Gerald Hyland has gone a long way to spread an epidemic of Centennial Fever on Chateaugay’s Main Street, with a truly amazing window display.
His store itself is a piece of Chateaugay history. In business for over 75 years, the original enterprise opened its doors in 1893. Hyland’s have been partners or owners of the store since it first opened, with James Hyland, John W. Hyland, and now Gerald J. operating the business. The present store was opened after the devastating fire on East Main Street.
Many of the historical items in the window can be identified in the picture. If you can’t find them, take time to get a better look in the store window. On second thorught, stop by and see them anyway.
Here is a list of the window’s contents:
Well with wooden bucket (built by Elmer Hobbs); hand-made wood door clamp; hand-made shoulder yoke; hand-made buck saw; wood snow shovels, string of sleigh bells.
Horse shoes and calks, regular drive calk, screw calk, racing shoes, hand-made sapspouts, wood and tin, sugar house, evaporator, gathering tank, charcoal fire pot, small cast iron stove, antique hinges, flush door bolts, wagon axle chips, wood wagon, hubbs and spokes, whipple trees, cross bars, leather buggy dash board.
Large bear trap, metal hot water bottle, sod iron, wood top ice skates, wagon wheel wrench, down hill break chair, 1916 gasoline sign – .14/gallon – dry paint scales, hand-made nails.
Chateaugay Record, June 5, 1969
Before and After. The Marble River Hill in the late 1880s (top picture), with its winding narrow road, wooden bridge, old starch factory, spring house, hore and carriage. The small child in the carriage is believed to be the late Gordon Green, who lived in the house with his parents at the top of the hill.
Below (1981), the recently completed new blacktop road, straight and wider. Note that the houses on the hill remained the same throughout the years. Only the occupants have changed. On the left is the Walter Silver farm; on the right, the Spencer Dumont residence.
Photo property of Adeline Silver.
Chateaugay Record, November 11, 1981
This sketch was written for the Franklin County Historical Society by Mrs. Annie L. Jack, of Chateauguay, Basin, P. Q., and read at a meeting of the society, held Oct. 6, 1903.
The Chateauguay river, starting as it does, in the small lakes at the foothills of the Adirondacks, and winding its picturesque, but uneven, way through the counties of Huntingdon and Chateauguay, is a river of special interest to those who live within its influence along the fifty miles, until at Chateauguay Basin it empties into the St. Lawrence. At this point there is an interesting circumstance, for the blue water of the St. Lawrence will not mingle with that of the Chateauguay, and a distinct line of division may be seen where these waters meet.
The name has been of interest to many people, its rich French accent is not easy to spoil, and it is endeared to the hearts of the denizens on its banks. It is said to have been a name given by Charles LeMoyne, the early Montreal colonist, taken from some small place in Normandy known to him, as his father came from a small parish near Dieppe and afterwards became an inn-keeper at the latter town.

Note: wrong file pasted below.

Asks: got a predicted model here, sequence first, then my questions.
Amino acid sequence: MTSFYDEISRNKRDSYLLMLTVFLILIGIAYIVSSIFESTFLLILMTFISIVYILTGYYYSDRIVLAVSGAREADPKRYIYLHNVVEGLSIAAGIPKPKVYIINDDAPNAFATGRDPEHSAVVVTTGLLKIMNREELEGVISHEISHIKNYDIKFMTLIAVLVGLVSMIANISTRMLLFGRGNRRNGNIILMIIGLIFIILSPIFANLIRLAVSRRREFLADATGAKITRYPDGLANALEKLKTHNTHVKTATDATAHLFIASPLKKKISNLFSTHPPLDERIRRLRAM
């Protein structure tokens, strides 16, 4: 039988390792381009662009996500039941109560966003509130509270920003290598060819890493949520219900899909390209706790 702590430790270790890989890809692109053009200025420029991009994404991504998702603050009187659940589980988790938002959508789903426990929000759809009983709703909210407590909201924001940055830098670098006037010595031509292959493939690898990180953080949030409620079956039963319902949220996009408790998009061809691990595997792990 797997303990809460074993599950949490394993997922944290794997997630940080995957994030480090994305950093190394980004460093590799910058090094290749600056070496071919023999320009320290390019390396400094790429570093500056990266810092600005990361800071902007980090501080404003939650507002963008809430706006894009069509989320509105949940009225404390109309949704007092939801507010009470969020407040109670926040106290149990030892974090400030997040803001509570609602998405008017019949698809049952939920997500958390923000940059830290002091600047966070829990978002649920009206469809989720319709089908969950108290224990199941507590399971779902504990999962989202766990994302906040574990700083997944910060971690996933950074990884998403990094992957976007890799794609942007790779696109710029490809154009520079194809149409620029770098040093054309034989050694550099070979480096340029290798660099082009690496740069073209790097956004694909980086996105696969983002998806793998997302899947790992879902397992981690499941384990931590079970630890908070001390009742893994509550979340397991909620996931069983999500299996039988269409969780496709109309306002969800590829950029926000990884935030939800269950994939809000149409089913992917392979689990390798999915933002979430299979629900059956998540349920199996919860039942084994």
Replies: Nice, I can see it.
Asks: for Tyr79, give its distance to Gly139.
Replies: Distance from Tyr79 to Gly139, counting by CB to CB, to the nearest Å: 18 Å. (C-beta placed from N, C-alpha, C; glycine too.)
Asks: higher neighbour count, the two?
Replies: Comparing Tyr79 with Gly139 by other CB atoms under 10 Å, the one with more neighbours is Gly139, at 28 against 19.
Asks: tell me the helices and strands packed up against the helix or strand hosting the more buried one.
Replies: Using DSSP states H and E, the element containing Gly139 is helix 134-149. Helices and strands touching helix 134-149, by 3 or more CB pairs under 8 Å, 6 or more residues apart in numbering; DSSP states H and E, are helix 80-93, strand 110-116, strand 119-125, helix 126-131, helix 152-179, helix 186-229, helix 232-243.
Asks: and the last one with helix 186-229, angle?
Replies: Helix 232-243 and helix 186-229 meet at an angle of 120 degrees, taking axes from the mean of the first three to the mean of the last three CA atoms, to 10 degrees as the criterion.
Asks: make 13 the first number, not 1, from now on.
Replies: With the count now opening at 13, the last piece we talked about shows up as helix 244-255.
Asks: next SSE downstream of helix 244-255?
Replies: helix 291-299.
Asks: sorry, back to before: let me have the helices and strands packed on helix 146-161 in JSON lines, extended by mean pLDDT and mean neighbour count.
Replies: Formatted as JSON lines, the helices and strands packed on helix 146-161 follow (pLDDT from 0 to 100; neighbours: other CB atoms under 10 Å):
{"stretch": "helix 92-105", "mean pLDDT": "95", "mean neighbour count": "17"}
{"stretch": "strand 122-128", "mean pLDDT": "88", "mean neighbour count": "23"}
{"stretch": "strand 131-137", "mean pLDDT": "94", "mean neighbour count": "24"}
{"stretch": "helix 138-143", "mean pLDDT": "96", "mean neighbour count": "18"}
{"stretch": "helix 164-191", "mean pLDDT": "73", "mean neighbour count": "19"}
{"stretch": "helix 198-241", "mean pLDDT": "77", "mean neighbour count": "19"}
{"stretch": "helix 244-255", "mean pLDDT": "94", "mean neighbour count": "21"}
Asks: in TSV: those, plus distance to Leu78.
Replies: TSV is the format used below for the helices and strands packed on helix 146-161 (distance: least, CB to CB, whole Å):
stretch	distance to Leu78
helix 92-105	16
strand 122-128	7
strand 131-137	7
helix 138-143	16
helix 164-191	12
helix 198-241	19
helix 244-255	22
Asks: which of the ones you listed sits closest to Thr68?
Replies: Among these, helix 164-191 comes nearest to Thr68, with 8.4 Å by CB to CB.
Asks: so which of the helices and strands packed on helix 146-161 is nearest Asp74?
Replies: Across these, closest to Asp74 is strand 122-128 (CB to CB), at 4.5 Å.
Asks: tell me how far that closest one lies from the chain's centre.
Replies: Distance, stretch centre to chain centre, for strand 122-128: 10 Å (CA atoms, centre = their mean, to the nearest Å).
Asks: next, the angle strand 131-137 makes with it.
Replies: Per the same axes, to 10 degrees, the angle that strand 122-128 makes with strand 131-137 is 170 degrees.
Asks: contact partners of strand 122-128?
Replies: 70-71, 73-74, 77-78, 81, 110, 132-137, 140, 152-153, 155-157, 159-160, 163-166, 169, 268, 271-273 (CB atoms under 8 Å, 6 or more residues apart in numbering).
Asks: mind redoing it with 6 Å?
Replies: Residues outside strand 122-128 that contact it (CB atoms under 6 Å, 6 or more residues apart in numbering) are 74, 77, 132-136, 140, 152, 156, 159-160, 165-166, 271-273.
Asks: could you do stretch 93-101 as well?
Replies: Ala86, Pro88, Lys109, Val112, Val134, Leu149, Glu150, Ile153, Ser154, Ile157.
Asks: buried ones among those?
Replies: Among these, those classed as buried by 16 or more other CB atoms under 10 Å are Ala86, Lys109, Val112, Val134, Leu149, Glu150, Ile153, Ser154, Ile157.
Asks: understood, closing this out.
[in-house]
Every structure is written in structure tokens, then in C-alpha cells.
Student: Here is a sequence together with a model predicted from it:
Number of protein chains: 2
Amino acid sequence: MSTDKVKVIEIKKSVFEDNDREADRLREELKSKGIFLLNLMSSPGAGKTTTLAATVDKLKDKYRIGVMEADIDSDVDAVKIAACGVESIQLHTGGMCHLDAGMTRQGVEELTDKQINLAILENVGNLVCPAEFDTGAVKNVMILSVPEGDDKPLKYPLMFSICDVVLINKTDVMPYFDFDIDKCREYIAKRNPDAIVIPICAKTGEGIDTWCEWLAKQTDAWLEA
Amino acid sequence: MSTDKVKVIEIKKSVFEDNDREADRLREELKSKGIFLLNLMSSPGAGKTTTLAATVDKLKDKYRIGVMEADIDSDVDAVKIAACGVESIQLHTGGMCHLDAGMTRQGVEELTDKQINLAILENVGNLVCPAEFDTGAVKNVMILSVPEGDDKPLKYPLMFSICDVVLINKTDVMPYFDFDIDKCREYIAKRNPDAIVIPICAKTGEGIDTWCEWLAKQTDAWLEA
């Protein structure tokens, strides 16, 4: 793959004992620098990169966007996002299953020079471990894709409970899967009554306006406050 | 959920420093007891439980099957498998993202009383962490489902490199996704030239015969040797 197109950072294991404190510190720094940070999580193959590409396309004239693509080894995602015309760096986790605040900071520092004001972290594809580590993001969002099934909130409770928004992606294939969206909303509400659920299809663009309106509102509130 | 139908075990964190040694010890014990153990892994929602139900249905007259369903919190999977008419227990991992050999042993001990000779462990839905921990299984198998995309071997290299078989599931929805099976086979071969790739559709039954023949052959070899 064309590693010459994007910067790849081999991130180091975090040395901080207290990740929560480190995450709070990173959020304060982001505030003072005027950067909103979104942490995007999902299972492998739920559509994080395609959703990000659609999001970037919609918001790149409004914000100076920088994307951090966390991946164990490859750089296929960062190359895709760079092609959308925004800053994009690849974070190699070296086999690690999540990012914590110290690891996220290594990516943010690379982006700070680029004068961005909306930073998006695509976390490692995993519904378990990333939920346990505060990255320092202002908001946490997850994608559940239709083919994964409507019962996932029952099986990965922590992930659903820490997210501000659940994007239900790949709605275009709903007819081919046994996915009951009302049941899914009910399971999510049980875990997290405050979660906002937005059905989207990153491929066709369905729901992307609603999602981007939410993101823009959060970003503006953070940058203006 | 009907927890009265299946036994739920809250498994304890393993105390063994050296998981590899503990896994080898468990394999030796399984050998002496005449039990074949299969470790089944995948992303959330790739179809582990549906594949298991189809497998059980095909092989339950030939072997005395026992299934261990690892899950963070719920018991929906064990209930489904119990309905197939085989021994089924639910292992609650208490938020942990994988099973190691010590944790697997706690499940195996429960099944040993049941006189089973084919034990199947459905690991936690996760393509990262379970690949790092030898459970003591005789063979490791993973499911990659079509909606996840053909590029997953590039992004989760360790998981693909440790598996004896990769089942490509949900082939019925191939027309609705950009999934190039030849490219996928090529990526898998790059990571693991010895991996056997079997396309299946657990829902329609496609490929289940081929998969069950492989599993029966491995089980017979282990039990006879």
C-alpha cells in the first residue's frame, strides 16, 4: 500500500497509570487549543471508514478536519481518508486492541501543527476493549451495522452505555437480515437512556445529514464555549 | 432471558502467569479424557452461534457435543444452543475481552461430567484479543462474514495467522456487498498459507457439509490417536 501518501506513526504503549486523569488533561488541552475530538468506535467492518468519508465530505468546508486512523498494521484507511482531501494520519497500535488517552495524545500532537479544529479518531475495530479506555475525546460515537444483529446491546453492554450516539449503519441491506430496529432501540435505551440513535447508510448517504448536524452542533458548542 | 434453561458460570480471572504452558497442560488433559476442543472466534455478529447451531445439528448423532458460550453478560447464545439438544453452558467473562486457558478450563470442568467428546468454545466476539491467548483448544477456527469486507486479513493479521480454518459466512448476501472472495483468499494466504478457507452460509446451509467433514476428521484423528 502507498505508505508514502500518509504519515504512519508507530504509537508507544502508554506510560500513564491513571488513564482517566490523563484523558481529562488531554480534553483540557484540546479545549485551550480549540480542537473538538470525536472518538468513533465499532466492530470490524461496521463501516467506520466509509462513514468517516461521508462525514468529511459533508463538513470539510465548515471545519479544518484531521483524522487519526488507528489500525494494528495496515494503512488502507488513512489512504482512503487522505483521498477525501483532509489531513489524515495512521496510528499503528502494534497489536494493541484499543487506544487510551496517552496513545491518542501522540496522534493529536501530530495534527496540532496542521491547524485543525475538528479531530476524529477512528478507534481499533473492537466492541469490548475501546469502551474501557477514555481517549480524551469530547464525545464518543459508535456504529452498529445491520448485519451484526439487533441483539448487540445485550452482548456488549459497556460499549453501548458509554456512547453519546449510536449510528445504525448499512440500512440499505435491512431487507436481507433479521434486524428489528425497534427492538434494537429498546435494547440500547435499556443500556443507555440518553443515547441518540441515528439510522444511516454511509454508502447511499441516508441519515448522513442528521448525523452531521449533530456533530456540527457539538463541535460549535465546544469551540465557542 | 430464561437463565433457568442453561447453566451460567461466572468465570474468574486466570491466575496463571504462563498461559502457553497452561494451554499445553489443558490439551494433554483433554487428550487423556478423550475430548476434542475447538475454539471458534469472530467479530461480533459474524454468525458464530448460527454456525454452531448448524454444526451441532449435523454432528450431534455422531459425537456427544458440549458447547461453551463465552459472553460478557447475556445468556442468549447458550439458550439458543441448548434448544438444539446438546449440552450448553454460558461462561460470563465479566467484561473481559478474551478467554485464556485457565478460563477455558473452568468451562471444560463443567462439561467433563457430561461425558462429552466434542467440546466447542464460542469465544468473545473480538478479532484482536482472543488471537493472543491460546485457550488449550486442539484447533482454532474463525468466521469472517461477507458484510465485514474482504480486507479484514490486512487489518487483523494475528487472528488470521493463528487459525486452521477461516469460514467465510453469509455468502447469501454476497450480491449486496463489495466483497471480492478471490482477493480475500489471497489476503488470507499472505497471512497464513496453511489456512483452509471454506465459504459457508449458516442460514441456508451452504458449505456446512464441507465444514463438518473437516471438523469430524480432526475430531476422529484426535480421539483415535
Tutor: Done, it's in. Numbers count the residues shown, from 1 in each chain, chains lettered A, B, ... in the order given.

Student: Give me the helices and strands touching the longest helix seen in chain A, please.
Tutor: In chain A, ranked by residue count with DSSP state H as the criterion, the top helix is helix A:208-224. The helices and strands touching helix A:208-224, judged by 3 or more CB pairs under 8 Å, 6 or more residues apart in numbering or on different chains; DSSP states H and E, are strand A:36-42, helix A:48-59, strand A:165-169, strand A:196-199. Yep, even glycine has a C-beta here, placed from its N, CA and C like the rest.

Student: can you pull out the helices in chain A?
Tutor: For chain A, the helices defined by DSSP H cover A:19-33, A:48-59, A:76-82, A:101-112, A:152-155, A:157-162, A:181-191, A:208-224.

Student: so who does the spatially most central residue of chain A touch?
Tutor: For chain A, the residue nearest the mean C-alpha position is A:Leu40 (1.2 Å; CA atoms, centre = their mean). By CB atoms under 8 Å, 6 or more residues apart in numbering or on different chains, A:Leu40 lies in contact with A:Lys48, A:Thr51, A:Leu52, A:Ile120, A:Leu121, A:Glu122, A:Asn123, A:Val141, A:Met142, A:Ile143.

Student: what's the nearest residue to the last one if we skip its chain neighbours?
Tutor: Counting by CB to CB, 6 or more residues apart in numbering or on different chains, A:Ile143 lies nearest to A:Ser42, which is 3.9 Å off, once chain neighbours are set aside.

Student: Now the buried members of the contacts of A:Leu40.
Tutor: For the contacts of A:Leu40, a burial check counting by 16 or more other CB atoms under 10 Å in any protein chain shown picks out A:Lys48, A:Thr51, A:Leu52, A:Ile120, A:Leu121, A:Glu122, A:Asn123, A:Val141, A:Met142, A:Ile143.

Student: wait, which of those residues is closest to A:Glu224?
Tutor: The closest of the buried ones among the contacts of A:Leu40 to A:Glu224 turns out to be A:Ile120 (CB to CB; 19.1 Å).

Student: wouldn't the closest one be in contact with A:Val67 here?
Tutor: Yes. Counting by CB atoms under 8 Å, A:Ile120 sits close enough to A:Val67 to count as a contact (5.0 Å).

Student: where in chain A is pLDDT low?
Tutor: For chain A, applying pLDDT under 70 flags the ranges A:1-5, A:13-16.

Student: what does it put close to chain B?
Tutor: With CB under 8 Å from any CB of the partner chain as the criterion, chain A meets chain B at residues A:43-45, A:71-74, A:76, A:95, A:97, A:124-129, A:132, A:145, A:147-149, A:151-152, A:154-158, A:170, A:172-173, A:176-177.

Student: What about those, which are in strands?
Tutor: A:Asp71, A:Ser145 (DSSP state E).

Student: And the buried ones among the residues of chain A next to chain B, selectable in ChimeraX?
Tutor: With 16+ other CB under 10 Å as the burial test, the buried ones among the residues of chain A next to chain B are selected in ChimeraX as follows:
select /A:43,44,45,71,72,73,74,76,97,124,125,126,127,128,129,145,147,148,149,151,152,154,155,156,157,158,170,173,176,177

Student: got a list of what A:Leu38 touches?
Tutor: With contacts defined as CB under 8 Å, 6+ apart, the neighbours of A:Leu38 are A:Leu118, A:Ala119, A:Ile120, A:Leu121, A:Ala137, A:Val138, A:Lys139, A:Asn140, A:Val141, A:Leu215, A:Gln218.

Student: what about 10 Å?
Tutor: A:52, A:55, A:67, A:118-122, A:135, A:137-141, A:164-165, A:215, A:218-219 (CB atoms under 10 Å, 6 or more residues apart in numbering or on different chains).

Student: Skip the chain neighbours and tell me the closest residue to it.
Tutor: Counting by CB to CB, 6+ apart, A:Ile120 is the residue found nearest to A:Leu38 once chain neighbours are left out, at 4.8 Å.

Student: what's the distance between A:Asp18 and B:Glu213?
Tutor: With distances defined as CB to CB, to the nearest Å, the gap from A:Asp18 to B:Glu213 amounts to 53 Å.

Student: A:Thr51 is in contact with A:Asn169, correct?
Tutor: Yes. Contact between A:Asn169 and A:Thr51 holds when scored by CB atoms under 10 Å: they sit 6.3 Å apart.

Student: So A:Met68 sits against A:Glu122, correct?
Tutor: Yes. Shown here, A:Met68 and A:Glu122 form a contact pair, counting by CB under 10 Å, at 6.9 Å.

Charles LeMoyne was brought out by the Jesuits to Quebec at the age of 12, and was sent for a couple of years among the savages to learn their language, his wages being twenty (20) livres per annum. For services rendered-afterwards to the government he was granted land that he named Longueil and Chateauguay.
In an abstract from History of the Great French Families, by Abbe Francois Daniel, he says, in speaking of LeMoyne, “The chief of this family was the immortal Charles LeMoyne, of Norman descent, and a native of Dieppe. In 1673 he received further a new gift of land on the right bank of the river, of two leagues in front by three in depth, which he called by the name of Chateauguay, which it still bears.”
It has been suggested to me that a letter written to the Mayor of Rouen, France, might give more light on the subject to any historical society interested.
In Robert Sellars’s history of the counties mentioned, he says, “during Frontenac’s time a seignory, six miles broad and nine deep, was carved out of the bush an given to Charles L. LeMoyne.” The deed bears date of Sept. 29, 1673, and the title given to the seignory was “Chateauguay, a name derived from some place in France.”
Among the pioneers of Louisiana was one Chateauguay, who afterwards, became Governor of the French colony of Cayenne. I have been somewhat perplexed as to the spelling of the word, for up to within half a century it was more commonly written without, the final (u) than with it.
De Salaberry, who helped to make the name famous, and who was an admirable French scholar, wrote the word Chateaugua, at once preserving the correct pronunciation and keeping it in unison with the rules that govern the spelling of modern French, for (guay) is antique, if not barbarous. In the consolidated Statutes for Lower Canada the name is given as Chateaugai.
So it seems by this research that from old France the name was brought, to repeat itself and perpetuate the memory of the Old World in the New.
 Malone Palladium. Malone, Franklin Co., N. Y. Thursday, Nov. 19, 1903.
“Remember when the Rutland Railroad was the center of activity in Chateaugay. Age was no obstacle in obtaining employment. All that was necessary was a pick and shovel, strong arms, and a strong back.”